It’s a new concept for many voluntary organisations, but combining your data with that which is publicly available can improve your research, intelligence and planning.
Open data, big data, raw data: if you only have a vague idea of what these are or how they are relevant to your organisation, then you're not alone.
As the Open Data and Charities report from the Nominet Trust puts it, "The understanding,
use and publishing of open data within the third sector is still very much in its infancy. Many
organisations are unaware of the open government data resources that are now available to them."
The report concludes that better use of open data – namely the statistical information held by
local and central government, multilateral institutions, private firms and NGOs – could help
just about any voluntary organisation improve its research, intelligence and planning capacity.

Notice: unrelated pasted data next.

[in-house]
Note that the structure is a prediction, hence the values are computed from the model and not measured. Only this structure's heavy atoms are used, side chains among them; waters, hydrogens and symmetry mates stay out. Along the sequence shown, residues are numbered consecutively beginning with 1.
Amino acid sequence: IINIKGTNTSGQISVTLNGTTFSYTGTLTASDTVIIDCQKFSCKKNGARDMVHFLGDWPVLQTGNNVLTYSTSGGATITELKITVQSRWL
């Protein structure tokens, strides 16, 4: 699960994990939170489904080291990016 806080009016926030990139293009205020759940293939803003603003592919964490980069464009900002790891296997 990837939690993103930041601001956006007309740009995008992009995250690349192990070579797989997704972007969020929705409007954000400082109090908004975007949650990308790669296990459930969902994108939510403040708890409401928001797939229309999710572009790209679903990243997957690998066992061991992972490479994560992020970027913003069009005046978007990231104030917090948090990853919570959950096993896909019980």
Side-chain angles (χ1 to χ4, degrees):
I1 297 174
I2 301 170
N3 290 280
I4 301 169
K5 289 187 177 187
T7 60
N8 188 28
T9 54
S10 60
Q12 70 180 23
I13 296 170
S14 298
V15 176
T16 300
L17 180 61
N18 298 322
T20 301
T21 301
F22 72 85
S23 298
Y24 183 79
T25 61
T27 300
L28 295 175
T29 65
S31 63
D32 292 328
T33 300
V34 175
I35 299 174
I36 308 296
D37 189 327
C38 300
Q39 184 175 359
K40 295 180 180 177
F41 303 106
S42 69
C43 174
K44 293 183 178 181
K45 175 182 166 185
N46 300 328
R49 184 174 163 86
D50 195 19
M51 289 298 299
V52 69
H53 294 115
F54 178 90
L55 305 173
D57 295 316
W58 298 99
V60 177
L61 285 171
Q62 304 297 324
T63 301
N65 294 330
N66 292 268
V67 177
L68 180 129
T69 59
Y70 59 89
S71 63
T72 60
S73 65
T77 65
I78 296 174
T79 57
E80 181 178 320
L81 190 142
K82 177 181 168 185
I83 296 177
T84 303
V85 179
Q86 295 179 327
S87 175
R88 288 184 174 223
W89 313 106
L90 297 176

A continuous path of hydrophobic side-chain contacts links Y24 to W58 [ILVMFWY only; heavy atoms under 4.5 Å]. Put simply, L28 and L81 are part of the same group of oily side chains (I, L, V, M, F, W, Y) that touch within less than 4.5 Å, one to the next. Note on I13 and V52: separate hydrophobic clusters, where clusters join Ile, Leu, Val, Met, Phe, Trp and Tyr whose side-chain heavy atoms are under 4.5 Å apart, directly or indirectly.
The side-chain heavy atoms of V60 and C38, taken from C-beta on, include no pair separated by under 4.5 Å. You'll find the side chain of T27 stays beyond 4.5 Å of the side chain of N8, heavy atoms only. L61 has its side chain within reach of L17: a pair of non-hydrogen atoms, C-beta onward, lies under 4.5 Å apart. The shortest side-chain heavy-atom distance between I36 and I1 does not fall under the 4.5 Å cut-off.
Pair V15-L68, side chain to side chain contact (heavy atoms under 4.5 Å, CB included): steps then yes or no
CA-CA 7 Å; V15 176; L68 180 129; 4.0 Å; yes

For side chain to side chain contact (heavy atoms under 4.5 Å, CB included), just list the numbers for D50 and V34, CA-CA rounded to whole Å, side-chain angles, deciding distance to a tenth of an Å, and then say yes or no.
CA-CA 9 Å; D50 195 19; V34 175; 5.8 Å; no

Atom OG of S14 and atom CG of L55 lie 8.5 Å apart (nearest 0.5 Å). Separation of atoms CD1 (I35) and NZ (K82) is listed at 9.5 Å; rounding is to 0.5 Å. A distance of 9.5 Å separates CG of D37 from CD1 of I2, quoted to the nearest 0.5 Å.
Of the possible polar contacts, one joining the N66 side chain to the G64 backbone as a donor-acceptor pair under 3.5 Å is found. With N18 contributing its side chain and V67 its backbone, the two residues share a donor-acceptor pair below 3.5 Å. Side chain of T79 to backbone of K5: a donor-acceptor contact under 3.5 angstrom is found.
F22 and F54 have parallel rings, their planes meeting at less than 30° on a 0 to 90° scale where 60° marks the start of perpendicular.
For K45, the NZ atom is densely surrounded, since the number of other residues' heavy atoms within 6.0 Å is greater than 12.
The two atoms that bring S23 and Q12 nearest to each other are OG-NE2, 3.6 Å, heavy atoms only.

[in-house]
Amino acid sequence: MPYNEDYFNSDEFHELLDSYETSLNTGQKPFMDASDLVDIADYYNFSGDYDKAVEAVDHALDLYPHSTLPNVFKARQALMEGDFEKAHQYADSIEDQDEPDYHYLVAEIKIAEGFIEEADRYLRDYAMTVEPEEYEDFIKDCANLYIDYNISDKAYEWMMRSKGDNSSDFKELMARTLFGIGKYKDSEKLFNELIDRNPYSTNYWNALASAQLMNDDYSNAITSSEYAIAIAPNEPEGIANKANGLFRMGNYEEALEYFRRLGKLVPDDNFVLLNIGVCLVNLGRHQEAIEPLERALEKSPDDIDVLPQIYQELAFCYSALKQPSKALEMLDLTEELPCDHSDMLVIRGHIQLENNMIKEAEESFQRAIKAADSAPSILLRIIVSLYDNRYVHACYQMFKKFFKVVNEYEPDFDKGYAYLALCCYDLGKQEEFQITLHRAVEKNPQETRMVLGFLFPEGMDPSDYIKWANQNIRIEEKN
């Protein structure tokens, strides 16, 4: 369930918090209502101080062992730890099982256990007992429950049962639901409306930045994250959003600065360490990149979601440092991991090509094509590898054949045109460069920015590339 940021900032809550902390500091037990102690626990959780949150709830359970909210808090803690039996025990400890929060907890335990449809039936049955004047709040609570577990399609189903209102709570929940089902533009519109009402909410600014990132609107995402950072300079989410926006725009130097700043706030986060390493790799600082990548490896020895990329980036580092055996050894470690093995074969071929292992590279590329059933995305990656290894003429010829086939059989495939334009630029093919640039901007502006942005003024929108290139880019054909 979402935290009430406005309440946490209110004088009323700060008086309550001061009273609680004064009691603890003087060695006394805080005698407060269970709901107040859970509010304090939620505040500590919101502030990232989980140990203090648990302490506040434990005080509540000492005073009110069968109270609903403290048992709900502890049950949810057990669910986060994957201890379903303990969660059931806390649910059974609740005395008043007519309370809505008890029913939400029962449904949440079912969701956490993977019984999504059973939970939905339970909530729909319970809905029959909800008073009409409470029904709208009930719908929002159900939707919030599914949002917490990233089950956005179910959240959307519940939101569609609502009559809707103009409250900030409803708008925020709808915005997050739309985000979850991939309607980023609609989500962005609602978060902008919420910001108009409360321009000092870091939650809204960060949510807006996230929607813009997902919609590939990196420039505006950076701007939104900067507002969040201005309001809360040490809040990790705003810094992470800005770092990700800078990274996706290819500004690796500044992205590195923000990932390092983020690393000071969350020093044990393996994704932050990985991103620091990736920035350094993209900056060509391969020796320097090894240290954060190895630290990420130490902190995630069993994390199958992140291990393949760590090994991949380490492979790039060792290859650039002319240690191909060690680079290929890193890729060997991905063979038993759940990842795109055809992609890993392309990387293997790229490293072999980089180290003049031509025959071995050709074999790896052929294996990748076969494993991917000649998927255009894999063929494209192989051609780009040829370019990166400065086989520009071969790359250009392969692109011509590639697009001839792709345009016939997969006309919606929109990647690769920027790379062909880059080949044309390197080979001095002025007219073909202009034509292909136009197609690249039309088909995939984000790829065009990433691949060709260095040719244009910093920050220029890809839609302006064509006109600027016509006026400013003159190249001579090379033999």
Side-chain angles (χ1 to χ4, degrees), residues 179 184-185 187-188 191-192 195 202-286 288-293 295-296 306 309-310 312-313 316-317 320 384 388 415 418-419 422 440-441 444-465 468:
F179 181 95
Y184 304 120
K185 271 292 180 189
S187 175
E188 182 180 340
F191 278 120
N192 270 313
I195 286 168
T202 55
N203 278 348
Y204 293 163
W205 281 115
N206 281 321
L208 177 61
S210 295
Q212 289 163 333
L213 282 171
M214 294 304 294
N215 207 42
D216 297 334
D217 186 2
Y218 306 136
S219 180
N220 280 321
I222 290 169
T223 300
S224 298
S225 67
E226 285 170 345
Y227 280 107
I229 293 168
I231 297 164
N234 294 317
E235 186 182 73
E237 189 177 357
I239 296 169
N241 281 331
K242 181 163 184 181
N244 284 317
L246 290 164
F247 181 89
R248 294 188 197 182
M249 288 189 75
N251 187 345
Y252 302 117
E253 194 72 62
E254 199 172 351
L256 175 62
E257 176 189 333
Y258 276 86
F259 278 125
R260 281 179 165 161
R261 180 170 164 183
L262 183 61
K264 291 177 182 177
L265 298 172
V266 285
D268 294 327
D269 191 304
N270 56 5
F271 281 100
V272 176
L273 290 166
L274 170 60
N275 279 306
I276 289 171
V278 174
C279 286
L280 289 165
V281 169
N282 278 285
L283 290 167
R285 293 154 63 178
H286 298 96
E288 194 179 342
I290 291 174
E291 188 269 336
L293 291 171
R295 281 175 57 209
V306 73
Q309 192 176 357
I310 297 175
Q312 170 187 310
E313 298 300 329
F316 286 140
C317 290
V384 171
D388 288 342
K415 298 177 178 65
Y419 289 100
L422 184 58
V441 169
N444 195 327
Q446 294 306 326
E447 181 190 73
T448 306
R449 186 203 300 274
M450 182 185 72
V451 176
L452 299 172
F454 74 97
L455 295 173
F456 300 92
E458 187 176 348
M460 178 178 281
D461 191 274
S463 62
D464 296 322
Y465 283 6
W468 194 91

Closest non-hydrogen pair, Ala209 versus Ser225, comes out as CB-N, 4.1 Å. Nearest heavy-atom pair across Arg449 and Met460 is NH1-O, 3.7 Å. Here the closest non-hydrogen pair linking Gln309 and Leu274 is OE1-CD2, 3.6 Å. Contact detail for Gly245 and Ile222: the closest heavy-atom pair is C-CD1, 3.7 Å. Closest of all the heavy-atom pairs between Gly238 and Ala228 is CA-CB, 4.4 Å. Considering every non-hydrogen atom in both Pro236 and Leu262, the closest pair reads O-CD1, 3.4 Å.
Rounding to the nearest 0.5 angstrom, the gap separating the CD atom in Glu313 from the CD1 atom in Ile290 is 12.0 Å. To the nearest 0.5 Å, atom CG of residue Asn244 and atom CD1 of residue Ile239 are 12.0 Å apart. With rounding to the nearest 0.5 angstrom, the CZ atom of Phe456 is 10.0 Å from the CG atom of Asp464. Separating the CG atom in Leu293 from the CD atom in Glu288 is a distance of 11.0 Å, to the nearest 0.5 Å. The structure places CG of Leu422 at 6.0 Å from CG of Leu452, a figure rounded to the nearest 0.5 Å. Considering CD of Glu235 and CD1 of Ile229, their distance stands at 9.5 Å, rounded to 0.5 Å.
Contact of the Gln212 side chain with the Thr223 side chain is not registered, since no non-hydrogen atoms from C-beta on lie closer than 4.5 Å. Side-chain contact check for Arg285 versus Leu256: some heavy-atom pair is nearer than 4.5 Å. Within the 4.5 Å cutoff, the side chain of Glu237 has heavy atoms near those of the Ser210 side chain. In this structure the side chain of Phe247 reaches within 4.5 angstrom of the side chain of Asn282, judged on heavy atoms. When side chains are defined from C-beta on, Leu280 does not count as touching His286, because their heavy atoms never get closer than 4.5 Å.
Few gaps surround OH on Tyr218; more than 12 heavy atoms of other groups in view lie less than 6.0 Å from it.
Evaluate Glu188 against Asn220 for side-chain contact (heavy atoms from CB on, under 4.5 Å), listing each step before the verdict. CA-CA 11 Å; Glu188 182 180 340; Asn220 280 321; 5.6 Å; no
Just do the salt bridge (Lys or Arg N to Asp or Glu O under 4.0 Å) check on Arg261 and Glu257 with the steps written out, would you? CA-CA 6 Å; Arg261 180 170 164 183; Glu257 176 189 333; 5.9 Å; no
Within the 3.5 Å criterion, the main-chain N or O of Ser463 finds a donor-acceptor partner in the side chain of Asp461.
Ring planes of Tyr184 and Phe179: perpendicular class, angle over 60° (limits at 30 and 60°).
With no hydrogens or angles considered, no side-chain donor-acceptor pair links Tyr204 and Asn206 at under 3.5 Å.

Your own internal data may give you a reasonably clear idea of what your organisation is doing; combining it with other, bigger datasets can yield more and better information.
For example, Gloucester Voluntary Service linked its own dataset of volunteers with local authority data on bus routes to work out who could get to which volunteering opportunity without needing their own transport.
Displaying the locations of organisations and services geographically can help highlight clusters of activity as well as gaps. We do this for our directory of local voluntary groups
Even if you do not find a dataset to match with, simply using the tools of open data can bring benefits. Sharing a report or fundraising application with colleagues through Google docs means no more version control or emailing attachments back and forth.
Sources of open data
Surreyi provides free online access to demographic, health, economic and Census datasets, some of which can be downloaded;
OpenlyLocal provides information on over £14bn of UK council spending;
Meanwhile, tools to compile or collate data are freely available too, such as
The Open Definition
“A piece of data is open if anyone is free to use, reuse, and redistribute it — subject only, at most, to the requirement to attribute and/or share-alike."